A strange launch at a strange time, and from a strange source: AT&T (NYSE: T) rolled out a beta version of VideoCrawler, an online video search and aggregation engine. The public beta comes about three months after an even softer launch designed to help the company work out VideoCrawler’s kinks, and AT&T partnered with video search tech firm Divvio in its development. Divvio founder and CEO Hossein Eslambolchi is AT&T’s former CTO.
Jim Stapleton, AT&T’s executive director of business development sheds some light on why the telecom giant is pushing into a decidedly foreign (and crowded) market:
— Ad sales for now, but a bigger plan for the future: VideoCrawler currently features display ads…there are no plans for pre- or post-roll units — as AT&T doesn’t own or host the videos after all — and the site doesn’t impact ads currently running on the clips in any way. “Our advertising is extremely straightforward … We’re running display ads to defray some costs, and so that the site can run as a standalone business,” he said. But VideoCrawler is definitely part of a larger digital content strategy for AT&T. “It’s part of our strategy of moving beyond connectivity and into applications,” Stapleton said — a strategy that includes “premium content on all three screens, some of it user-generated and some of it professional.” He said that while there were plans to provide video content on both mobile and AT&T’s U-Verse IPTV platform, the final product might not be branded VideoCrawler (or even AT&T at all). The company already runs a somewhat well-known video site The Blue Room, aimed mainly at its broadband subscribers but open to all.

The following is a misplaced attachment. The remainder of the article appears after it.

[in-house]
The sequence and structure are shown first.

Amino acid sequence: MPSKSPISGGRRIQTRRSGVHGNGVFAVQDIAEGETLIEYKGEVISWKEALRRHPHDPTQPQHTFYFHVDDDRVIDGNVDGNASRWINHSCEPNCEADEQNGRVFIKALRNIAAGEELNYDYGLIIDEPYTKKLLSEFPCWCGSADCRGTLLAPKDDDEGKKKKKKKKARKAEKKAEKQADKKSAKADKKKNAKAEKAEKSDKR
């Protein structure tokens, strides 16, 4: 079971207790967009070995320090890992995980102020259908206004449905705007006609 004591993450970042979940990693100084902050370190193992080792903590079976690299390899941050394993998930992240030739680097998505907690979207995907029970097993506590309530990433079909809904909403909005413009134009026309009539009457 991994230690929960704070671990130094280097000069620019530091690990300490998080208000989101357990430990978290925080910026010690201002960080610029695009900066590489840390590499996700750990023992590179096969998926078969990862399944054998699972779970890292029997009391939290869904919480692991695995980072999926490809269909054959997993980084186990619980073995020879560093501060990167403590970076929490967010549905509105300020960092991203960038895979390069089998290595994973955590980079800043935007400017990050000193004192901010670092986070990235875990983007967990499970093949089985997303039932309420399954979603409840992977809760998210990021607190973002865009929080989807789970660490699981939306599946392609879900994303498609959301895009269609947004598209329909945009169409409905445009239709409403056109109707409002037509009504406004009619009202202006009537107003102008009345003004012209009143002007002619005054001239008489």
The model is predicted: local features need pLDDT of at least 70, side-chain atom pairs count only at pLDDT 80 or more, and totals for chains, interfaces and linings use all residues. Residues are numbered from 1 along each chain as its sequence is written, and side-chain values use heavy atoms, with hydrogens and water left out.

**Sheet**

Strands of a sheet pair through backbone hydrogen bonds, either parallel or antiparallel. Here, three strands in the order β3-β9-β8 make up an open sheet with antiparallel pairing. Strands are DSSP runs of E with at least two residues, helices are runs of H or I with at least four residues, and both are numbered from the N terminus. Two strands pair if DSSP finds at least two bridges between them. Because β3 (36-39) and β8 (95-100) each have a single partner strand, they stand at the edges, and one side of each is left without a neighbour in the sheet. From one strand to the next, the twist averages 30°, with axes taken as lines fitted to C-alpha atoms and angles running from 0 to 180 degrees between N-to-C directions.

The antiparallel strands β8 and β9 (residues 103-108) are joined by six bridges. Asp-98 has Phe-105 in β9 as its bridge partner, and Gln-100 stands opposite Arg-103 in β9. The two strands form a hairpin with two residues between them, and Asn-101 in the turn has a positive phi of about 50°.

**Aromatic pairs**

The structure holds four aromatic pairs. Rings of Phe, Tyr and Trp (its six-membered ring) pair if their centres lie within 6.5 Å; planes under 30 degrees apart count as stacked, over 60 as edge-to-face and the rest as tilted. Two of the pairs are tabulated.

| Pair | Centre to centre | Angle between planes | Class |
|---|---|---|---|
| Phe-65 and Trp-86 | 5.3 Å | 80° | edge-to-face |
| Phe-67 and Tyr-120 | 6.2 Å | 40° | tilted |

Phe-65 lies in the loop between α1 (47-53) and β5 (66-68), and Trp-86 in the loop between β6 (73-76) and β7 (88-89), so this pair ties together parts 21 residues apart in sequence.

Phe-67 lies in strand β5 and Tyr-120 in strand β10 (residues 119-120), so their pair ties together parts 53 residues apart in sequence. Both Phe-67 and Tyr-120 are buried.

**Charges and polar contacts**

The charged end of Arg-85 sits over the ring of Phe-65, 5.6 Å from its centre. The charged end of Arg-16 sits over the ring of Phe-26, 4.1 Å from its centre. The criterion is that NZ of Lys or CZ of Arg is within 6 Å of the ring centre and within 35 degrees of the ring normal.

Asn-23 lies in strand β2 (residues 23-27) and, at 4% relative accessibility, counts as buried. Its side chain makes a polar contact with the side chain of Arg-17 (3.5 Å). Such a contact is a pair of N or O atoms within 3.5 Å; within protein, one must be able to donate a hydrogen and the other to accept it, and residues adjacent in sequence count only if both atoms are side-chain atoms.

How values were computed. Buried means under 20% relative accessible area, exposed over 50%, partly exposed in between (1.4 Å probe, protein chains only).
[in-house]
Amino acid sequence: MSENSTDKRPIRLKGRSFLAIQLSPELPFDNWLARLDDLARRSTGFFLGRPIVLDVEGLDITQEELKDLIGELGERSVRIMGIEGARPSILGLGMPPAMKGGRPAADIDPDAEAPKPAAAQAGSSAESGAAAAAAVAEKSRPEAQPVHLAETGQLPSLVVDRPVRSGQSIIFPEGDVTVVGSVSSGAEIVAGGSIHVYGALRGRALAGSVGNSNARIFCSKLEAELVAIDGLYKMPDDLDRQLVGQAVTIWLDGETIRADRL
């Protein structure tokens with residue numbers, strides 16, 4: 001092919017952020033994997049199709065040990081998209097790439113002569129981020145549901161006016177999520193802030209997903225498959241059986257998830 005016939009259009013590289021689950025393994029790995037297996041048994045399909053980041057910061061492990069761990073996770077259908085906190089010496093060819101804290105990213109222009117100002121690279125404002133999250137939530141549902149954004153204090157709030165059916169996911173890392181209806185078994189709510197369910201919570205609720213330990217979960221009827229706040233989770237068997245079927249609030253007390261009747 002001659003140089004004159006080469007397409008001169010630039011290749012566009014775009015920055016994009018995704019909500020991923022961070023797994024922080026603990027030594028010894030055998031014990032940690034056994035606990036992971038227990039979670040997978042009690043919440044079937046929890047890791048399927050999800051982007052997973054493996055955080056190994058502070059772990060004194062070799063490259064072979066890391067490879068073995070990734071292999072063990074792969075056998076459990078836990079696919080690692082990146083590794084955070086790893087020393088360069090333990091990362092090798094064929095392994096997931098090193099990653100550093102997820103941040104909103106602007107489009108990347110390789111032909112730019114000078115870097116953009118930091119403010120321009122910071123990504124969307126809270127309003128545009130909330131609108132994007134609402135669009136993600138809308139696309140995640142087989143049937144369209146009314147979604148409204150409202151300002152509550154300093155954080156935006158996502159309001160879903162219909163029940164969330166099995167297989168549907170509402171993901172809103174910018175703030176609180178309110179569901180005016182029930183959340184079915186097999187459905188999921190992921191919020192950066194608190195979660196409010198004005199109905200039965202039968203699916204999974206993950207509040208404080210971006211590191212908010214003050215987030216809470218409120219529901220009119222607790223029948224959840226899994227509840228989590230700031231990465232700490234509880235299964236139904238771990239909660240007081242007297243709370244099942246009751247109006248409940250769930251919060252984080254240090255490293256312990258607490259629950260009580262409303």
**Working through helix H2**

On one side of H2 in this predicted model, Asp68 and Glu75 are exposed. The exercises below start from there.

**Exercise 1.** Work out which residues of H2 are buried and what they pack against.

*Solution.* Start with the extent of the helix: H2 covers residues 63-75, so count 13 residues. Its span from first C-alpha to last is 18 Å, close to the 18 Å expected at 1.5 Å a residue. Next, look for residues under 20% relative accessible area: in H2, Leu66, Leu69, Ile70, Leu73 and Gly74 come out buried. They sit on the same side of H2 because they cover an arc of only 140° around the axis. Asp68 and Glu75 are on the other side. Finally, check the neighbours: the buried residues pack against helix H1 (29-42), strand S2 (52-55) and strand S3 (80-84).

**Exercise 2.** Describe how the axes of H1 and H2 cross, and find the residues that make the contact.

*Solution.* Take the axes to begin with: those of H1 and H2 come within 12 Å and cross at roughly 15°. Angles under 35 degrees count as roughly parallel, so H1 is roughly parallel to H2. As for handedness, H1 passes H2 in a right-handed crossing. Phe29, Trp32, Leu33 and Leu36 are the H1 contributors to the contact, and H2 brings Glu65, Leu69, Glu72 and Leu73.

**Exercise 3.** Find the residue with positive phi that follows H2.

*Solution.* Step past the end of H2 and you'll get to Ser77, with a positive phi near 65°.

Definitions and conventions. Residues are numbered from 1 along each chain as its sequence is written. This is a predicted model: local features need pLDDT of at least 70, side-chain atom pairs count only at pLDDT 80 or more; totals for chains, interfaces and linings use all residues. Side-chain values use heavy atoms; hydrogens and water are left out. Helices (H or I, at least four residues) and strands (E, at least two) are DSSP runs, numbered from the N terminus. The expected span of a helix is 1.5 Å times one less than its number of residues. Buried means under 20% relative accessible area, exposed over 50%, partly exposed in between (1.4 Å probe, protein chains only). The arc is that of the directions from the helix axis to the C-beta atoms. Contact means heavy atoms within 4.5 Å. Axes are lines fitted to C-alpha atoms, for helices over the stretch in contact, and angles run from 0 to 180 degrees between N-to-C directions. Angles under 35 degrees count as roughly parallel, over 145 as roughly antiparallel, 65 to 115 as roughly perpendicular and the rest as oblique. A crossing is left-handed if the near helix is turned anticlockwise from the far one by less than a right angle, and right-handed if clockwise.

— On competing with sites like AOL’s Truveo, Pixsy, and others: To be clear, VideoCrawler is not a direct competitor to aggregators like YouTube. Stapleton said that the site was designed to be a search engine “that sits above that layer,” giving users greater access to “long tail” videos that are harder to find elsewhere, and allowing them to really organize them. “They can create bookmarks that tie directly to the video’s metadata, title them and create a collection that can be search and saved by other VideoCrawler users … We also give them view count data, so they can understand where people are accessing their collection from, who’s saving it and which clips are the most popular.”